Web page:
- if the case was heard by a district judge, then the appeal is to a circuit judge in the same county court.
- if the case wa Shepard by a circuit judge then the appeal is to a high court judge.
There is a possibility for a second or further appeal. This appeal would be to the court of appeal (Civil Division). This would only be allowed in exceptional cases, for example if the appeal would raise an important point of practice.
From a decision in the high court the appeal usually goes straight to the Court Of Appeal (Civil Division). From a decision of the court of appeal there is a further appeal to the Supreme Court.
Advantages of using the courts
1: The Process is fair in that everyone is treated alike. The judge is impartial
2: The trial is conducted by a legal expert with the decision being made by a judge who is an experienced and qualified lawyer.
3: Enforcement of the courts decision is easier as any decision made by a court can be enforced through the courts
4: There is an appeal process with specific appeal routes from decision made in the courts, so if the claimant is not happy with the decision, it is usually possible to appeal against it.
5: It may be possible to get legal aid, although legal aid for civil cases has been considerably reduced.
Disadvantages of using the courts
1: The cost of taking a case to court are often more than the amount claimed. In the high court the cost can be hundreds of thousands of pounds. For smaller claims, the corsets are often more than the amount claimed.
2: There are many prelimary stages to go through that add to the length of a case. Even after the case is set down for hearing at count there is still a long wait, usually about one year for larger claims before the case is heard in court. This can mean it can take years to finish cases.
3: There May be compulsory steps to be taken before a case is started in court. For example, for some types of case, the parties must use set pre-action protocols and give the other party certain information.
4: There is no guarantee of winning a case. The person losing a case may have to pay the other sides costs as well.
What are Tribunals
Tribunals are outside the ordinary judicial system and are not by the most part staffed by lawyers. They operate alongside the court system and have become a very important part of the legal system. They were created in order to give the people a method of enforcing their entitlement to certain social rights.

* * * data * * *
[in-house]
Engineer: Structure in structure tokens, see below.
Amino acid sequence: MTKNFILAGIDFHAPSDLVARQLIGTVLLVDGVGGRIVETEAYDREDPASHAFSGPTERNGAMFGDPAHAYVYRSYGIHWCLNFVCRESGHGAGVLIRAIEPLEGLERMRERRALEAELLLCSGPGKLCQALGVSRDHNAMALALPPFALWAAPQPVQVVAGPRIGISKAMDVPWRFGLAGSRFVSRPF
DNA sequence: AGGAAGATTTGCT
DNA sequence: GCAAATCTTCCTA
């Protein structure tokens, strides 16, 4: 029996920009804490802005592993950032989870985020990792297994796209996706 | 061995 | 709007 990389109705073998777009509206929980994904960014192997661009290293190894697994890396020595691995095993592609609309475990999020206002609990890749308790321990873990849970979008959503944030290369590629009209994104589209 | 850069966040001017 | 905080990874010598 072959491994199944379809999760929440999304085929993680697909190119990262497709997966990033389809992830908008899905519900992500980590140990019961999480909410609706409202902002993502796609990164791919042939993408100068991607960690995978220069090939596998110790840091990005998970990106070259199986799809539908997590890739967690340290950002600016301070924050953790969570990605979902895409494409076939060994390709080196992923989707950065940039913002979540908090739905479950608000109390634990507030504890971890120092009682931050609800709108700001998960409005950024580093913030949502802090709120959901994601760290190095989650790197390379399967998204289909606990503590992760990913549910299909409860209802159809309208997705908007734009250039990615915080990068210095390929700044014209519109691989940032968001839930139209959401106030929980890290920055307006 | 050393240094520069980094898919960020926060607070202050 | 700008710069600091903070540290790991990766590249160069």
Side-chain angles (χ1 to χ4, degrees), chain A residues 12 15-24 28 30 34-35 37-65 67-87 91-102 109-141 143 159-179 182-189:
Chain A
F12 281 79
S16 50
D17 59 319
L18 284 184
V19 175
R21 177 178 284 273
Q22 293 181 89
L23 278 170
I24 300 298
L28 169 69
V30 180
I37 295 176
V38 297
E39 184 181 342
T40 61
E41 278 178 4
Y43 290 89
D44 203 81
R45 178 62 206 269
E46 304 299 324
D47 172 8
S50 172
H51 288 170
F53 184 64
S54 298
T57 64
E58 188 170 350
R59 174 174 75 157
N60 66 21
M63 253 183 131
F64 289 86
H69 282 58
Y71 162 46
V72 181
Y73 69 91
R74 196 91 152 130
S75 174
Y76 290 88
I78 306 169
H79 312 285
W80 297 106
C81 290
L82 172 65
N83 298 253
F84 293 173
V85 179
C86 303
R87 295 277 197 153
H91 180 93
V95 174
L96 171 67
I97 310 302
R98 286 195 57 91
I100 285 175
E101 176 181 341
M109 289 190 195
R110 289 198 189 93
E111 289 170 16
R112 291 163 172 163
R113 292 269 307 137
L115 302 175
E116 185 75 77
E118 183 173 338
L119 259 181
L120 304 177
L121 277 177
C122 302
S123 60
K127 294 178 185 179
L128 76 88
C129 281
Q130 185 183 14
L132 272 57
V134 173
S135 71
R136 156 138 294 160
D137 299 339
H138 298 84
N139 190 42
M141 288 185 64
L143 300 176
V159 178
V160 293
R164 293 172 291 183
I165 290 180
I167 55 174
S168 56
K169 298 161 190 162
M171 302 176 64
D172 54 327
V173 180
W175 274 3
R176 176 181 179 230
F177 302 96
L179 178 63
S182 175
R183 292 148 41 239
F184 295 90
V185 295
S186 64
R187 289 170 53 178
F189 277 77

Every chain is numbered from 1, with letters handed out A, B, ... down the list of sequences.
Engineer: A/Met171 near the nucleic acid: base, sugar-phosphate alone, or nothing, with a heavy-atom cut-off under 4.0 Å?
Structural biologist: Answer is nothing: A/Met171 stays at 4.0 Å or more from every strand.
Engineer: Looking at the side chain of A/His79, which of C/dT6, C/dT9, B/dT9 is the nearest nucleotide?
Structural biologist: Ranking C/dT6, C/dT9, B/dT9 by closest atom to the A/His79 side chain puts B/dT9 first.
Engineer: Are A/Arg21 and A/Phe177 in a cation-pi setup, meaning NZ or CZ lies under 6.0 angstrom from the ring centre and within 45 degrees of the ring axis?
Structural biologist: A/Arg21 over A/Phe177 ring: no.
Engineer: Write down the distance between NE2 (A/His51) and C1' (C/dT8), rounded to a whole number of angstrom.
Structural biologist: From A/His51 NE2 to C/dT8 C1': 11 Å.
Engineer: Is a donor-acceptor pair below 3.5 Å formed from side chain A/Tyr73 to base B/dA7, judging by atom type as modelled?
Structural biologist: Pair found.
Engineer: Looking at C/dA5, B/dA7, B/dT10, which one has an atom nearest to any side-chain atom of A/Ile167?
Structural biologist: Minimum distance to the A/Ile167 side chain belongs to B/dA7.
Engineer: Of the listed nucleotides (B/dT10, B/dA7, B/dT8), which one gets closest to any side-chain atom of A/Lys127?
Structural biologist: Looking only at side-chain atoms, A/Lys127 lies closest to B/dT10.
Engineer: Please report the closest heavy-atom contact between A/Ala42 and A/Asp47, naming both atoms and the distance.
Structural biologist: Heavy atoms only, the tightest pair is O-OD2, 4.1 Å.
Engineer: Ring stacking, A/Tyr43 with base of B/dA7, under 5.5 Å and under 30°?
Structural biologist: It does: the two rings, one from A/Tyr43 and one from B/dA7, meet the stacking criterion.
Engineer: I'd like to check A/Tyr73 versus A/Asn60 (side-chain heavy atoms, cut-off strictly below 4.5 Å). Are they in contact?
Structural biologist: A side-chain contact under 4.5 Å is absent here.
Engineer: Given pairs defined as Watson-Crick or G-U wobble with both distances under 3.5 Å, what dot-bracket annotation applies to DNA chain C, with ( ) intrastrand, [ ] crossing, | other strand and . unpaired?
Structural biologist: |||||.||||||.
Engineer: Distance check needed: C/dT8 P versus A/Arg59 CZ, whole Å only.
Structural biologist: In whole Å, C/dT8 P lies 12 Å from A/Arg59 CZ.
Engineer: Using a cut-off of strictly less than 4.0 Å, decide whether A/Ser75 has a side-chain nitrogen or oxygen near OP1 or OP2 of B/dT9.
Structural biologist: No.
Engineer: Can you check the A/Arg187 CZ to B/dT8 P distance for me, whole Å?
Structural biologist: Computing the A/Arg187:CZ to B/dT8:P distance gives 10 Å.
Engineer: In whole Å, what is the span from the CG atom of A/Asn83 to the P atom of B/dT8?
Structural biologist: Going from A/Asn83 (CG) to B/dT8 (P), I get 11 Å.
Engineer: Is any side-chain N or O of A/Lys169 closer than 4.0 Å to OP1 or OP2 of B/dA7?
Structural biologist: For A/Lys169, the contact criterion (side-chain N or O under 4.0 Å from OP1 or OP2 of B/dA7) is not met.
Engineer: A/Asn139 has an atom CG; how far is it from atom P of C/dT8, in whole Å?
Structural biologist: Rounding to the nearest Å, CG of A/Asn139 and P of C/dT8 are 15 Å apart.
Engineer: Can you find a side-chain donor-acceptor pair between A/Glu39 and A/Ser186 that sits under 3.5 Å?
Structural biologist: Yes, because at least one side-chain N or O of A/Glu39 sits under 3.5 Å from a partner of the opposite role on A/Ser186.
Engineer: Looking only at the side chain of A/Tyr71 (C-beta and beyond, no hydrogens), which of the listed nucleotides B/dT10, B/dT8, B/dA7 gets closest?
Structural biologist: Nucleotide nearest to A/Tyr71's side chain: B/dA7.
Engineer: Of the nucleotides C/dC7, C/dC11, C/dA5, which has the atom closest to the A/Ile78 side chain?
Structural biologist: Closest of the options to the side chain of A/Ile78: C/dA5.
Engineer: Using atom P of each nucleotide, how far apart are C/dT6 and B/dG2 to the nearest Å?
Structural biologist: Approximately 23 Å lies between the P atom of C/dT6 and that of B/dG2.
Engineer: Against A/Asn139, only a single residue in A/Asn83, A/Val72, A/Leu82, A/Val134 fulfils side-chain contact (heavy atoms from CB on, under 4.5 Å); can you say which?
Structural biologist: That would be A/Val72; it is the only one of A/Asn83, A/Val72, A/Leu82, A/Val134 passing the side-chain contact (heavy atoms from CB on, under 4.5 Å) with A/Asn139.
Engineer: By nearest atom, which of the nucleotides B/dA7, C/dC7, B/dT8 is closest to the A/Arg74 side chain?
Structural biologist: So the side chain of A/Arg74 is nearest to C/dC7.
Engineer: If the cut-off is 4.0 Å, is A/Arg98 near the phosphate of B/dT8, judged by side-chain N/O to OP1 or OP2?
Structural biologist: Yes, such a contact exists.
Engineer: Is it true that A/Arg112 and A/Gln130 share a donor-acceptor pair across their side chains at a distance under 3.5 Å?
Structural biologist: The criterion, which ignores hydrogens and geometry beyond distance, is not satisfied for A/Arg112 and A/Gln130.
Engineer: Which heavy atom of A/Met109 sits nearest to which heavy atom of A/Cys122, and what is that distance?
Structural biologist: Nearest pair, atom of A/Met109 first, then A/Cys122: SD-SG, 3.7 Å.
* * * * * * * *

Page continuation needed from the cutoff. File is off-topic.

Tribunals are usually made up of a panel of three individuals. In addition to the chairman there will be two legally qualified members. Peoples no appear before tribunals do not have to be represented by a legal professional, they could chose to be represented by anyone from a trade union official or even an account depending on the nature of the case
However unlike ADR where the parties decide not to use the courts, the parties in tribunal cases can not go to court. The tribunal must be instead of the court proceedings.
Definition: forums used instead of a court for deciding certain types of disputes. They are less formal than courts.
Role of Tribunals
Tribunals enforce rights which have been granted through social and welfare legislation. There are many of these rights, such as:
- the right to mobility allowance for those who are too disabled to walk more than a very short distance
- the rightvto payment if one is made redundant at work
- the right to not be discriminated against because of ones sex,race or gender
Organisation of Tribunals
Tribunals were set up as the welfare state developed, so new developments resulted in new Tribunals being created. This led to more than 70 different types of Tribunals of which made the system very complicated and confusing.
The whole system was reformed by the Tribunals, Courts and Enforcement Act 2007. This created a unified structure for Tribunals, with a first-tier tribunal to hear cases of first instance and an upper tribunal to hear appeals
The first tier tribunal deals with about 600,000 cases each year and has nearly 200 judges And 3600 lay members. It operates in seven chambers (Divisions) these are:
- Social entitlement chamber: this covers a wide range of matters including child support, criminal injuries compensation and gender recognition.
- Health, education and social care chamber: this includes the former mental health review which dealt with appeals against the detention of those in mental hospitals. This chamber also deals with special education needs issues.
- War Pensions And armed forces compensation chamber
- General Regulatory Chamber
- Taxation Chamber
- Land, Property and Housing Chamber
- Asylum and Immigration Chamber
As well as these there is one tribunal which still operates separately from the first tier tribunal. This is the employment tribunal which hears claims for matters of unfair dismissal, redundancy and discrimination.
The upper tribunal is divided into four chambers (divisions). These are:
- Administrative Appeals Chamber: Which hears appeals from the social entitlement chamber, Health,Education and Social Care Chamber And War pensions and armed forces compensation chamber.
- Tax And Chancery Chamber
- Lands Chamber
- Asylum And Immigration Chamber
From the Upper Tribunal there is a further possible appeal route to the Court Of Appeal And From here a final appeal to the Supreme Court.
Composition of Tribunals
Cases in the first-tier tribunal are heard by a tribunal al judge. Also, for some types of case, two non-lawyers will sit with the judge to make the decision. These people will have expertise in the particular field of the tribunal.
Procedure in Tribunals
Both sides must be given an opportunity to put their case. In some Tribunals, especially employment and asylum tribunals, this will be done in a formal way with witnesses giving evidence on oath and being cross examined. Other tribunals will operate in a less formal way.